Archive for: squash
The term “squash” refers to all members of the gourd family – a family that includes a large number of different vegetables. Squash are generally broken down into two types: summer squash and winter squash. Summer squash include zucchini and pattypan squash, squashes where the entire thing (except for the stem) is edible. Winter squashes have hard, inedible rinds and are much heartier, so they’ll keep for longer periods of time. Winter squash are a little intimidating to many cooks because they vary wildly in appearance and seem more mysterious when it comes to cooking them.
The winter squash that is the most easily recognizable is the bright orange pumpkin that is popular for Halloween carving. Varieties like butternut, acorn and spaghetti squash are also widely available in most stores. Farmers markets tend to carry more unusual squash varieties, as well. The flavor and texture will vary from squash to squash, but, in general, they tend to have a firm flesh that needs to be roasted or steamed to make it tender. They tend to be sweet, ranging from only slightly sweet to a honeyed sweet potato-like sweetness in some varieties. It can be fun to try a variety – even ones you’ve never heard of – just to see some of the differences and to find some new favorites.
I prefer to roast squash most of the time before I serve it, as it gets a nice richness and a bit of caramelization when cooked in the oven. Roasting a large butternut squash, for instance, will make your house smell amazing. Squash can also easily be steamed in the microwave, by placing a cleaned, halved squash cut-side down on a microwave-safe plate and cooking it on high until it is tender.
Alongside the big, decorative pumpkins typically used for making jack-o-lanterns around Halloween that they stock at most markets, you’ll also see smaller pumpkins with names like “sugar pumpkins” or “pie pumpkins.” Large pumpkins tend to have watery and stringy flesh, so they’re not a great choice for cooking with. Sugar pumpkins, on the other hand, are an excellent choice for cooking and baking applications. These smaller squashes have a firm, sweet flesh that is much smoother than that of larger pumpkins. They’re great for roasting, making soups and for making homemade pumpkin puree for pies, not just because they have a good pumpkin flavor, but also because their firmer and less stringy flesh roasts up to a much more pleasant consistency than that of a much larger pumpkin.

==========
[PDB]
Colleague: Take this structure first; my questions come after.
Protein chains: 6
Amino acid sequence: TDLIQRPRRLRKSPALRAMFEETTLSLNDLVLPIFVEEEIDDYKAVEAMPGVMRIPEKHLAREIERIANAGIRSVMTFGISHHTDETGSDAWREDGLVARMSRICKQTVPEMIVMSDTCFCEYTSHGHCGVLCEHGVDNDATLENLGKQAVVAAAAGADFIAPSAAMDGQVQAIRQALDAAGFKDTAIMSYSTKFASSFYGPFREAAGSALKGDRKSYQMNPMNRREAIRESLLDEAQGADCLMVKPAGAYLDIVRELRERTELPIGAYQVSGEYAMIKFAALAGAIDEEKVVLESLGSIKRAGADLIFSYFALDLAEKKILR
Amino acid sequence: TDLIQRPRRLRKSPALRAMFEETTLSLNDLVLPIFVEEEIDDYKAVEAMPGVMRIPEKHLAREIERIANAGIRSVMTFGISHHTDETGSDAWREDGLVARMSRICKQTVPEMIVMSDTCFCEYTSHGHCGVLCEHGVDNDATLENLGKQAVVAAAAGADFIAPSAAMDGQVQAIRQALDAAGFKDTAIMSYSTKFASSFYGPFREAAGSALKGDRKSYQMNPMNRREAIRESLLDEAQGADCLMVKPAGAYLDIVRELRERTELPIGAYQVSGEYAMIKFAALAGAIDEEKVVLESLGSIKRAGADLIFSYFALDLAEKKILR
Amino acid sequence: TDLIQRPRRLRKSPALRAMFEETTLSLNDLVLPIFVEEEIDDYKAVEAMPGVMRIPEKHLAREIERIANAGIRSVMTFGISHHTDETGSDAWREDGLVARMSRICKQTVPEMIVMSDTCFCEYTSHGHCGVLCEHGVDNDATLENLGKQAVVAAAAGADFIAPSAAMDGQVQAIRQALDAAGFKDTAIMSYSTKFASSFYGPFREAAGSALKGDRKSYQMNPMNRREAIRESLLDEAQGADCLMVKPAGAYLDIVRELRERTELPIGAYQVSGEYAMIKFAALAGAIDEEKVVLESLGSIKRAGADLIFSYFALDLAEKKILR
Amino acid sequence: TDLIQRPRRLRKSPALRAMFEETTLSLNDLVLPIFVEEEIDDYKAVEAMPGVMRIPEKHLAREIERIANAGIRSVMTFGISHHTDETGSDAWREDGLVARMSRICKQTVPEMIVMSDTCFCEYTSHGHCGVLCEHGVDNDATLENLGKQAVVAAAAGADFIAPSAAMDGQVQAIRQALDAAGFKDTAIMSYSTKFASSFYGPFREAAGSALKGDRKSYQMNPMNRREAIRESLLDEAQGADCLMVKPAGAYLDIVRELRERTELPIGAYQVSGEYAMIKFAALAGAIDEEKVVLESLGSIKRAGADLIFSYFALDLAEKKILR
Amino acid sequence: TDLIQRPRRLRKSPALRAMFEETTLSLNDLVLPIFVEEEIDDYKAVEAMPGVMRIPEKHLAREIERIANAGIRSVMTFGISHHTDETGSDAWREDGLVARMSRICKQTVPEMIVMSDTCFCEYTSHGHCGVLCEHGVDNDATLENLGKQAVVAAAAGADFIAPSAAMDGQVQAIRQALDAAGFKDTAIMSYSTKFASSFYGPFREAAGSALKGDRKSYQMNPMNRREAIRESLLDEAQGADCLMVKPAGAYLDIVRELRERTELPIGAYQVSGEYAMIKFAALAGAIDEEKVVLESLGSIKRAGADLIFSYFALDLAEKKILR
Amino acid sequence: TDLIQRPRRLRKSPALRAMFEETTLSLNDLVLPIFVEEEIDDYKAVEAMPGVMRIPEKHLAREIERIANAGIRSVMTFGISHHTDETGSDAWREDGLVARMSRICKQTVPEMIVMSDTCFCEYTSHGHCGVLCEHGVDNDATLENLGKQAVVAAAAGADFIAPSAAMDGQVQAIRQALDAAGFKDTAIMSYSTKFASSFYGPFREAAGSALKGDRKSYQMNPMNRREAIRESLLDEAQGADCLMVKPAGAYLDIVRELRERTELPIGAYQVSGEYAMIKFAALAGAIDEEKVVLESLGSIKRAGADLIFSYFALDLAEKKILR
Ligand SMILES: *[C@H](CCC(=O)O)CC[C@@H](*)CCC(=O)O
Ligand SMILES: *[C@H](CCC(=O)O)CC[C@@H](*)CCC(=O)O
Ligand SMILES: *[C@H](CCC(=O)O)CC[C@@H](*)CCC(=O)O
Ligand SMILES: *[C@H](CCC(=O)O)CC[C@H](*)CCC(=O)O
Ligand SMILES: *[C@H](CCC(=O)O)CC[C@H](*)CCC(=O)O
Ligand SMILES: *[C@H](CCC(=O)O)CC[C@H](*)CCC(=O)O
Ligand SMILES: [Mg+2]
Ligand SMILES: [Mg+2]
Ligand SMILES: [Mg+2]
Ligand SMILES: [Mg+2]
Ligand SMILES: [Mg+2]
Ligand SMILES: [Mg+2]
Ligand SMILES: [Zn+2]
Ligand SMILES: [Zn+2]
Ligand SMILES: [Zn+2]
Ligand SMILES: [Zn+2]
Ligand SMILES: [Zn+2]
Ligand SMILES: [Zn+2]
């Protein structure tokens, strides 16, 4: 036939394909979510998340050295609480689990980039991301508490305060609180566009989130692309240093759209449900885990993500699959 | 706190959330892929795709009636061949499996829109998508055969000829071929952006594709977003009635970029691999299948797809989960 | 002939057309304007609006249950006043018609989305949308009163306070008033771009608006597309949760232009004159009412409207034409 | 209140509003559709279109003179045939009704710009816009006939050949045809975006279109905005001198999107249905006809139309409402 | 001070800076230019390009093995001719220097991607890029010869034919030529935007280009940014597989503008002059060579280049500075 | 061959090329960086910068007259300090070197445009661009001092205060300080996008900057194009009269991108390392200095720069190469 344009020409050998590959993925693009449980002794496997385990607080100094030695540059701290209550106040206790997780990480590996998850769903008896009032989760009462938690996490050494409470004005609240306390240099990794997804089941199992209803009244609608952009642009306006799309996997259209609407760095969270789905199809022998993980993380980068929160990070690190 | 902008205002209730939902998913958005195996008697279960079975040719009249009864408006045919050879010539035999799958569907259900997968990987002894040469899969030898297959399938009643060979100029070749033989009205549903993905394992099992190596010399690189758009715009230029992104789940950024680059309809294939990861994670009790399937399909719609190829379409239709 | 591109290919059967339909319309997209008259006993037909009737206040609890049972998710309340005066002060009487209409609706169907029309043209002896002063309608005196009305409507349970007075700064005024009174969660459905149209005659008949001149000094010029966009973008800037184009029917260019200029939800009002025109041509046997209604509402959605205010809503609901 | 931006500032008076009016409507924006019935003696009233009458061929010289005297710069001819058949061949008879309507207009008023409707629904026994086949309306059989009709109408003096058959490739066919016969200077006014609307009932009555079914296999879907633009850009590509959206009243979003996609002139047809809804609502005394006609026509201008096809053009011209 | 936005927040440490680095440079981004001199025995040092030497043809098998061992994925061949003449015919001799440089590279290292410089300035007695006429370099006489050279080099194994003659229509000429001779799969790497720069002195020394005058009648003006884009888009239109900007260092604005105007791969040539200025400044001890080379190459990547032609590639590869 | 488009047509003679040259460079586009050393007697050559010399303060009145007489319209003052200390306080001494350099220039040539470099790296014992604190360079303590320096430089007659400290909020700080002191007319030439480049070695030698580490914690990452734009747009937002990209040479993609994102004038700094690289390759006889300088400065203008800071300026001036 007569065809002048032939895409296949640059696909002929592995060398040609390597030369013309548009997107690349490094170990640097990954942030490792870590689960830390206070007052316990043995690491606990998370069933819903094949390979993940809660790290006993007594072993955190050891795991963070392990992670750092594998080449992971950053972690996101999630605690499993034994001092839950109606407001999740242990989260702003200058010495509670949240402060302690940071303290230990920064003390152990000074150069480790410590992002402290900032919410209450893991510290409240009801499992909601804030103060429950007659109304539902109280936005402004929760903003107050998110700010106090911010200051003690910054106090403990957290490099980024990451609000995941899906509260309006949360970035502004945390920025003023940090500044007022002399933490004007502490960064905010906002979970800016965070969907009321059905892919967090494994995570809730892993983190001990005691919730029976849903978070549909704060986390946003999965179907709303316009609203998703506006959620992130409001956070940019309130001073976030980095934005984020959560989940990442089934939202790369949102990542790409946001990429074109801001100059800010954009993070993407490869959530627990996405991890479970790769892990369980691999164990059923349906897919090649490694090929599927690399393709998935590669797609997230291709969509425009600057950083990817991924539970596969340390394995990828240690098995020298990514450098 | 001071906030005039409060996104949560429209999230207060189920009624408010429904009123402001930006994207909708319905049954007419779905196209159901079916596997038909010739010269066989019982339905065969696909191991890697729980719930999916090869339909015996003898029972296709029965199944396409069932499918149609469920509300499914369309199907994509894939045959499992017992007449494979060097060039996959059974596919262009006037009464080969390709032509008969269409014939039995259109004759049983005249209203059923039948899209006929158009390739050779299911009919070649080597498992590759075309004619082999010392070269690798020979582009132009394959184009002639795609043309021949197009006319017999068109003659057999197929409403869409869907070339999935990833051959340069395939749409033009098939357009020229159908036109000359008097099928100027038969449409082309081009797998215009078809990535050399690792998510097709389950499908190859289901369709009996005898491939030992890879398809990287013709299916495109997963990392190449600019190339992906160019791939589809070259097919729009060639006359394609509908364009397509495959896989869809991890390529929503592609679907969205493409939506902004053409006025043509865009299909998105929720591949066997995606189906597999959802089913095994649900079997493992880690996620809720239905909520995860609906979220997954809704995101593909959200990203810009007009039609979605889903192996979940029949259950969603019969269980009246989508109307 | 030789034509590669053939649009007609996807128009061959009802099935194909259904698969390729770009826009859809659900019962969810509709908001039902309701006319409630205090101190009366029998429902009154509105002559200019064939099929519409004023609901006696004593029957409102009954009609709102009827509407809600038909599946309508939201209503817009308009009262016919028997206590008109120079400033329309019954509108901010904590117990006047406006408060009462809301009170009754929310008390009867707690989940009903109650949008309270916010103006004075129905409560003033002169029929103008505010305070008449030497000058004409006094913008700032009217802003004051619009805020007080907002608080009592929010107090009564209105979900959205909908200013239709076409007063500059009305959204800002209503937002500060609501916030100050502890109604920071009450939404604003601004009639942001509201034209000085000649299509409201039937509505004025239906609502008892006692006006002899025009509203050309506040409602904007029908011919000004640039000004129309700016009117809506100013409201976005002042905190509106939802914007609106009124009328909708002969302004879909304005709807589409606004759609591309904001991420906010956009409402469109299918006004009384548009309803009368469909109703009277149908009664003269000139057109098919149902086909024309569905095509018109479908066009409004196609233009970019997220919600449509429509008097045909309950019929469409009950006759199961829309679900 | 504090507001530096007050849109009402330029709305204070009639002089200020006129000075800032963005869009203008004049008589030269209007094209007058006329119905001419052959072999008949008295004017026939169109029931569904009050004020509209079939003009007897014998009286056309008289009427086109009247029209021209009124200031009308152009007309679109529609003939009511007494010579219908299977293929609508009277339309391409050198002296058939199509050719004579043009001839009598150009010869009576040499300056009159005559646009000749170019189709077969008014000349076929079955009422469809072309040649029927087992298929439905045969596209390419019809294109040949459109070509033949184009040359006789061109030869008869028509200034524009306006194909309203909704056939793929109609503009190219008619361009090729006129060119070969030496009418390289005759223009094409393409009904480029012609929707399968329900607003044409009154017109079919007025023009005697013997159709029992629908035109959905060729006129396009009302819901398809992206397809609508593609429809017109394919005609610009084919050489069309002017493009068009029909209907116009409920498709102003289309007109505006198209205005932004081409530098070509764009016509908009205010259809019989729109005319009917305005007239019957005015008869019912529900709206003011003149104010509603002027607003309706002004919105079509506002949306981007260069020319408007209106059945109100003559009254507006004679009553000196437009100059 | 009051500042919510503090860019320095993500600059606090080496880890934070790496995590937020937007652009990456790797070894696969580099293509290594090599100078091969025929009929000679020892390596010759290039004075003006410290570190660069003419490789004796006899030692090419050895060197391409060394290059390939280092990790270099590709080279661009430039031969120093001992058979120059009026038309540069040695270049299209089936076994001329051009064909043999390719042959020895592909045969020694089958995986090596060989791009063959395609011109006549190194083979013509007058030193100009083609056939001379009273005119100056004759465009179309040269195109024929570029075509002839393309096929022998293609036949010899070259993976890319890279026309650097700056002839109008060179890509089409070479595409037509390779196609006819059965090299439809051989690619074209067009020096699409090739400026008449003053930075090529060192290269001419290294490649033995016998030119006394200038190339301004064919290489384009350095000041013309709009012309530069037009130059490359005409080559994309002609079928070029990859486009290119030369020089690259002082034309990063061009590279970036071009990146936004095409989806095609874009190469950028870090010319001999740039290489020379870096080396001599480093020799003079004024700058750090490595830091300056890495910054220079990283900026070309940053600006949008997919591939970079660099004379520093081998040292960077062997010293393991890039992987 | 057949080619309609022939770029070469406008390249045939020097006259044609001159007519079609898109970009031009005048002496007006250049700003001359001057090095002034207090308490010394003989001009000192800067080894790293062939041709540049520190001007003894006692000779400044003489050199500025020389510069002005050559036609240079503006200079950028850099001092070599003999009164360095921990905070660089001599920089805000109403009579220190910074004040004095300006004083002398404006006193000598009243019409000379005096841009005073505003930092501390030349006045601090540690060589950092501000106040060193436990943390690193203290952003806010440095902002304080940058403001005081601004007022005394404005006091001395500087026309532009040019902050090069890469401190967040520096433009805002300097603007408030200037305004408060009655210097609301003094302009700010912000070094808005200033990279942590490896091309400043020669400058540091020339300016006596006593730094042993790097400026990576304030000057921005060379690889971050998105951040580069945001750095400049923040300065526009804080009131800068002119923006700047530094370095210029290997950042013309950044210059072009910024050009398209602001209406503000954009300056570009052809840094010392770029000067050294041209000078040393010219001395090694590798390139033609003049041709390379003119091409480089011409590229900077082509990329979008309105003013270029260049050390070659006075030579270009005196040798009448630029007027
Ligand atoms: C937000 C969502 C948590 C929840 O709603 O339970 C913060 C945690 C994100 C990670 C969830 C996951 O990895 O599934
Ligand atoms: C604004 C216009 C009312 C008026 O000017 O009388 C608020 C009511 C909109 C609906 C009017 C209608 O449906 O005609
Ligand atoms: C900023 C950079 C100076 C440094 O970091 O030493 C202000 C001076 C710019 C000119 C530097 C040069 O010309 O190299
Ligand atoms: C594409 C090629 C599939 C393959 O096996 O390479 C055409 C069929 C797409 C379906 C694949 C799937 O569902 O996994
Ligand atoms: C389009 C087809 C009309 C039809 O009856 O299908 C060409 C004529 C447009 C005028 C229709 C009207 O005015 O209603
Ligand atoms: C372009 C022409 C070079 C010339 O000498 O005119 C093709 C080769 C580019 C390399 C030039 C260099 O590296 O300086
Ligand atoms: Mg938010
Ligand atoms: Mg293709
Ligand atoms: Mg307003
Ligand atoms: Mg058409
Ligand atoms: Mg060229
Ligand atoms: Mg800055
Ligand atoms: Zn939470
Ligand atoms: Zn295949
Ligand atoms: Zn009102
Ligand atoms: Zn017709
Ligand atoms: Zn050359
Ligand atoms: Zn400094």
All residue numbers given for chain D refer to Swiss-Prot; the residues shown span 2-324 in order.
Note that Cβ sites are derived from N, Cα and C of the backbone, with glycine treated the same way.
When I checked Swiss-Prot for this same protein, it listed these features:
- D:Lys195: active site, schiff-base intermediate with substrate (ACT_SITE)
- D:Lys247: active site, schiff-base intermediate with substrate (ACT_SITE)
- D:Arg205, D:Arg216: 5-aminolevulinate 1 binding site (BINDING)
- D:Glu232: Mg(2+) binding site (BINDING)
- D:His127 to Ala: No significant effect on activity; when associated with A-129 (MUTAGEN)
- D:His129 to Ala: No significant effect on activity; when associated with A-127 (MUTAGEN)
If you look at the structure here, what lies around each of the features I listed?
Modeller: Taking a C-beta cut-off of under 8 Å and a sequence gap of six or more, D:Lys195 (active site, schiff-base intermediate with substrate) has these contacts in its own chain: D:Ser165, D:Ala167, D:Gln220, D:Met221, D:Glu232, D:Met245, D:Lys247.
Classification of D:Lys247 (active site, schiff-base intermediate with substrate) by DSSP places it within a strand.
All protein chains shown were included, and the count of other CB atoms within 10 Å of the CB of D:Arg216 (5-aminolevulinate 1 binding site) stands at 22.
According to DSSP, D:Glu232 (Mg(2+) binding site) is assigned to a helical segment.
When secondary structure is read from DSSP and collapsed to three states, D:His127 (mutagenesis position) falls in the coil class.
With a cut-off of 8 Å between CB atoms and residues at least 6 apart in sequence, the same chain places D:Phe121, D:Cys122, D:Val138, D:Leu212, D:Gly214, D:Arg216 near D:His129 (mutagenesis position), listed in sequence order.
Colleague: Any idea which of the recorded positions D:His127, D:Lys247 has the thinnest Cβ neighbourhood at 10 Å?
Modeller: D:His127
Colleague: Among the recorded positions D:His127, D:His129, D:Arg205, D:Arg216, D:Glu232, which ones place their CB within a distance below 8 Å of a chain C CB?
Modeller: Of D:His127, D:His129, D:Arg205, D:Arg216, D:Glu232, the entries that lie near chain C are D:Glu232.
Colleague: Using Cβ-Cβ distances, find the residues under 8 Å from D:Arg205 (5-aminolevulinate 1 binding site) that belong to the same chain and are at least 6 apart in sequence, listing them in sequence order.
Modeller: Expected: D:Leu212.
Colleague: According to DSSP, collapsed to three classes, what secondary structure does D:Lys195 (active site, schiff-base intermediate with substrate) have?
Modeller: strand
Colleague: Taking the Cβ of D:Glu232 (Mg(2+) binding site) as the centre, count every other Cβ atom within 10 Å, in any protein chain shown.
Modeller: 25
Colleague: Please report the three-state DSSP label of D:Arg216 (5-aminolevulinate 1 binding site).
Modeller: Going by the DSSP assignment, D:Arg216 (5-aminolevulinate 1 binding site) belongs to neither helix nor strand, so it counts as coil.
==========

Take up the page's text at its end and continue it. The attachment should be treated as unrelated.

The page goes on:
Sugar pumpkins are only about 6 to 8 inches in diameter and they will usually be labeled with “sugar pumpkin” or the name of another small variety of pumpkin, often with a note indicating that they’re the best choice for baking. From one pumpkin of this size, you’ll typically be able to get the same amount of puree that you do from a can of pumpkin (15-16 oz), or perhaps a little bit more.
Pumpkin is a fall baking staple, and while you can certainly make your own puree at home with just a little bit of effort, it is far easier to stock up on canned pumpkin for your baking projects. Canned pumpkin is a very consistent and reliable product to work with and can give you great results in your recipes. Most recipes that call for pumpkin are formulated to use canned puree, and because homemade versions can vary somewhat in flavor and texture, they can occasionally throw a recipe off if you’re not aware of that. I do like to make homemade puree when I have an especially good pumpkin to work with, but I always have some of the canned stuff in my pantry so that I am ready to bake pumpkin pie on a moment’s notice. There are several brands of canned pumpkin out there and, like most products, there is some variation in flavor that can really impact your finished products. A few seasons ago, Cook’s Illustrated did a taste test on several brands of canned pumpkin to see which brand baked into the best pumpkin pie.